While a wrongful death scenario can have an emotional impact on your family, it may also cause financial hardship. The Clay County Personal Attorney can help you explore legal means to address this type of hardship. Our firm is reputable across Clay County, Florida for helping clients pursue injury claims. In this article, we will cover the types of damages you can recover when filing a wrongful death claim.
What Does Wrongful Death Mean?
A wrongful death case is a civil action against an entity or person that is liable for causing someone else’s death. The case can be brought by the estate or the surviving family members of the deceased. For a civil action to qualify under a wrongful death case, the deceased must have succumbed to the intentional actions or negligence of an entity or a person.
Who is the Beneficiary of the Damages from a Wrongful Death Suit?
Damages for wrongful death cases are usually awarded to children, parents or spouses. The surviving children (minor children) can get the damages (which include support and comfort) for losing their relationship with their deceased parent. Consequently, parents of the deceased may recover the damages (for lost relationship and emotional trauma) if the victim was a minor child. Wrongful death damages awarded to a surviving spouse help address the emotional trauma and lost companionship the spouse suffered.
Florida courts examine the various factors surrounding the relationships the deceased had with the surviving family members in compliance with Florida's statutes. Florida Statutes 768.16 to 768.26 are collectively cited as Florida’s Wrongful Death Act. Under Florida Statute 768.17, the state has the public policy to shift any losses suffered in a wrongful death case from the deceased’s surviving family members to the alleged respondent. Explained below are the terms used in wrongful death suits filed in Florida:
- Survivors - The deceased’s parents, children or spouse and any adoptive sisters and brothers or blood relatives. Survivors also include children born out of wedlock from the mother’s side but not on the father’s side unless the father is assigned a child support responsibility.
- Support - Contributions that are in the form of money.
- Minor children - Children below the age of 25 years
- Net accumulations - A portion of the deceased’s expected salary or net business income (inclusive of pension benefits) that the deceased would retain as savings or leave for the surviving family members. The salary and net business income is the deceased’s total income after deducting taxes.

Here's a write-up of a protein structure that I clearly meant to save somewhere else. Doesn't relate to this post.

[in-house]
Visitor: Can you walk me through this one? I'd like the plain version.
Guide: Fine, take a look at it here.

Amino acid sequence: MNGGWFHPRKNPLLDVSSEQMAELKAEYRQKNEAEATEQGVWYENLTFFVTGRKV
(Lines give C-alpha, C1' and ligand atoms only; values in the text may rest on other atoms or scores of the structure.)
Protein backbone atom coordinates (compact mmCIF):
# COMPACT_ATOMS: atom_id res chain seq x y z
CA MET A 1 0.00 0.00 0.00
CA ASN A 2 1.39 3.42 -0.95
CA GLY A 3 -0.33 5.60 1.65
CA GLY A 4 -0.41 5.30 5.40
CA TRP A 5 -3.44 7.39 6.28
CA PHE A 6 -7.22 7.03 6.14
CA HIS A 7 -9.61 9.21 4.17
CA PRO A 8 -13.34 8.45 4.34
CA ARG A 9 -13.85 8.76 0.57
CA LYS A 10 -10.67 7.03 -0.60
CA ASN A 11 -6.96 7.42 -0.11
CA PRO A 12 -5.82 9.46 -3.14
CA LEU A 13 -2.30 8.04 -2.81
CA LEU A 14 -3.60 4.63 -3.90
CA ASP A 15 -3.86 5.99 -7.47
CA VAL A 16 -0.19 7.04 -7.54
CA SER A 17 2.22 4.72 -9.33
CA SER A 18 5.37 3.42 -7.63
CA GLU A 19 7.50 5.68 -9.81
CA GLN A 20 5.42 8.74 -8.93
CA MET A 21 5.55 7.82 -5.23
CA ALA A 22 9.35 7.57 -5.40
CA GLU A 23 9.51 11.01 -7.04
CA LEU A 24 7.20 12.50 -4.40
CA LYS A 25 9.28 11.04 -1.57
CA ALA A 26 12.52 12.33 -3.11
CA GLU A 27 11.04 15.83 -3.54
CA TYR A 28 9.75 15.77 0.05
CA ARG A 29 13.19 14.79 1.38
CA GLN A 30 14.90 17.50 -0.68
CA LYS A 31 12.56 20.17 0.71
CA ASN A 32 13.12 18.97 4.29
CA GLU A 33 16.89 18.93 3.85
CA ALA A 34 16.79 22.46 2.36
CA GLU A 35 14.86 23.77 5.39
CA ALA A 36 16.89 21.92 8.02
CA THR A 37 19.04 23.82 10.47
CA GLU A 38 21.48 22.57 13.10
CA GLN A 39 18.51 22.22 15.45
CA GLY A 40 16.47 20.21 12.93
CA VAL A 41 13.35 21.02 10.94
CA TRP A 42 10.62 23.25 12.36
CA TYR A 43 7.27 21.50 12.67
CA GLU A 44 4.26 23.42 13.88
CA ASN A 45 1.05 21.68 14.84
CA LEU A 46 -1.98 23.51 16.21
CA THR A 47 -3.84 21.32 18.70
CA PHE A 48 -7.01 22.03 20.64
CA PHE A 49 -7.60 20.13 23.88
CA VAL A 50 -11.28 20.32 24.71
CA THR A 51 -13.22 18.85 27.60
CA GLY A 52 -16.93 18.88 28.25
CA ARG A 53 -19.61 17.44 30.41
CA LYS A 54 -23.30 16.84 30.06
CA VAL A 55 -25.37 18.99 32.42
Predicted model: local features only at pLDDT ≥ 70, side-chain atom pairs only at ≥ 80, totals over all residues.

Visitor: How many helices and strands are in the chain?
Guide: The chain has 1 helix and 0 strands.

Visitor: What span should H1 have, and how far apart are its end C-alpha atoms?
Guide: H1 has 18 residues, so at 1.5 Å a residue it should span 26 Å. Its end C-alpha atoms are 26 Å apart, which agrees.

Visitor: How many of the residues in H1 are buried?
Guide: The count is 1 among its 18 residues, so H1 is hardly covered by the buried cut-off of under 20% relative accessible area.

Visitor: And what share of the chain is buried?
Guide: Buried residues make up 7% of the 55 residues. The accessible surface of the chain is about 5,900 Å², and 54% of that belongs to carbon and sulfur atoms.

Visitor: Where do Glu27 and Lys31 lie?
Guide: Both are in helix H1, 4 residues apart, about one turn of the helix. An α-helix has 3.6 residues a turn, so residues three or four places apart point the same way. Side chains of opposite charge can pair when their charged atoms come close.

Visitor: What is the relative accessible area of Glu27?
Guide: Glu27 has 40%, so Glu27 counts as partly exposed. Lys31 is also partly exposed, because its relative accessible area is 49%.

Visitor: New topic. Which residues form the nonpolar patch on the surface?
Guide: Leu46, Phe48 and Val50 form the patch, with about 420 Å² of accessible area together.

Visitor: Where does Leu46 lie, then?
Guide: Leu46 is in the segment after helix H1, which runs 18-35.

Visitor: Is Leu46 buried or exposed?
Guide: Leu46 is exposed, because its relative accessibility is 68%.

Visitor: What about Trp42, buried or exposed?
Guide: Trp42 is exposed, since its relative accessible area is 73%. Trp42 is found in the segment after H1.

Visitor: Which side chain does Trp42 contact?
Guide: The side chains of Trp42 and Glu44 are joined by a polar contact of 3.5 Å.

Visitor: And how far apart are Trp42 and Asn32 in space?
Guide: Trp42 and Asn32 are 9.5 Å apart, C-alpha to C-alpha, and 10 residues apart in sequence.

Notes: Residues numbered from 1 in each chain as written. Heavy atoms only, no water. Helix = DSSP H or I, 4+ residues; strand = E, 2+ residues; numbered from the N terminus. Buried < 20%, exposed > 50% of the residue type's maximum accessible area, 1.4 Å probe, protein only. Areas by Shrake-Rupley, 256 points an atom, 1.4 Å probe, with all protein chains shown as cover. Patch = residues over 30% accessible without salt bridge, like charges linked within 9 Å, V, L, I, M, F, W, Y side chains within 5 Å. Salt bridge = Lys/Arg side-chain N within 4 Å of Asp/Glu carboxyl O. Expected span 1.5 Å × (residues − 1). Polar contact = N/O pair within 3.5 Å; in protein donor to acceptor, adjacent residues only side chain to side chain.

- Services - Tasks (chores) that the deceased used to perform. The tasks must leave a financial burden for them to be considered as services in this context.
Who Has the Legal Responsibility to Pursue Wrongful Death Damages?
Florida Statute 768.20 assigns the responsibility of recovering wrongful death damages to a deceased’s personal representative. The representative (a personal injury lawyer) should ensure that the survivors rightfully receive the damages. If a respondent dies pending or before the suit, his or her personal representative will be considered as the respondent.
As the person filing a civil lawsuit in a wrongful death case, you will be referred to as a plaintiff. Your role is to bring the wrongful death claim on behalf of the surviving family members. You may expect a Florida court to appoint a personal representative or executor of the estate if the decedent left a will. The personal representative or executor will resume the role of a plaintiff once appointed.
A respondent in a wrongful death case is the entity or person against whom the suit is brought. In the lawsuit, the plaintiff will allege that the respondent’s intentional and negligent actions caused the decedent’s untimely death. After filing a lawsuit, the plaintiff must prove the following elements before recovering any damages:
Duty of Care
Your claim must indicate that the respondent owed the decedent a duty of care. For instance, if the cause of death was machine failure, the plaintiff needs to prove that it was the respondent’s duty to have the machine working properly. The party with the duty of care is liable for any negligent or reckless actions disregarding other people’s lives, safety or rights.
A “Duty of Care” Breach
Once the duty of care is established, it is the role of the person in charge not to breach it. For a situation involving machine failure, the respondent may breach the duty of care by disregarding occupational safety and health laws. The laws may have prohibited operators from running machines above particular speed or temperature limits.
Proving the duty of care and breach of duty of care is not enough to build a case aimed at recovering damages. As a plaintiff, you will need to show that the offender’s particular conduct resulted in the wrongful death. The respondent’s attorney may argue that the decedent’s death was as a result of something else if you fail to prove a direct causative factor.
The Burden of Proof in Wrongful Death Cases
Your claim must meet the burden of proof regarding negligence elements before recovering any damages. Evidence provided by your personal injury lawyer to the court should be credible and to prove negligence on the side of the respondent. Unlike criminal cases where “beyond a reasonable doubt” is the basic standard for the burden of proof, civil cases have a much lower burden of proof.
Understanding the Types of Damages You Can Recover in a Wrongful Death Claim
Under Florida Statute 768.21, all potential beneficiaries of wrongful death damages should be listed when filing a wrongful death claim. Their relationship to the deceased should also be explained in the complaint. When your loved one dies because of someone else’s negligent or reckless actions, you may file a wrongful death claim as a grieving family member.
It is true to say that the damages will not entirely make up for your devastating loss. However, they can decrease the financial burden placed on your family by the wrongful death. As a surviving family member, you can recover three types of damages as discussed below:
- Economic Damages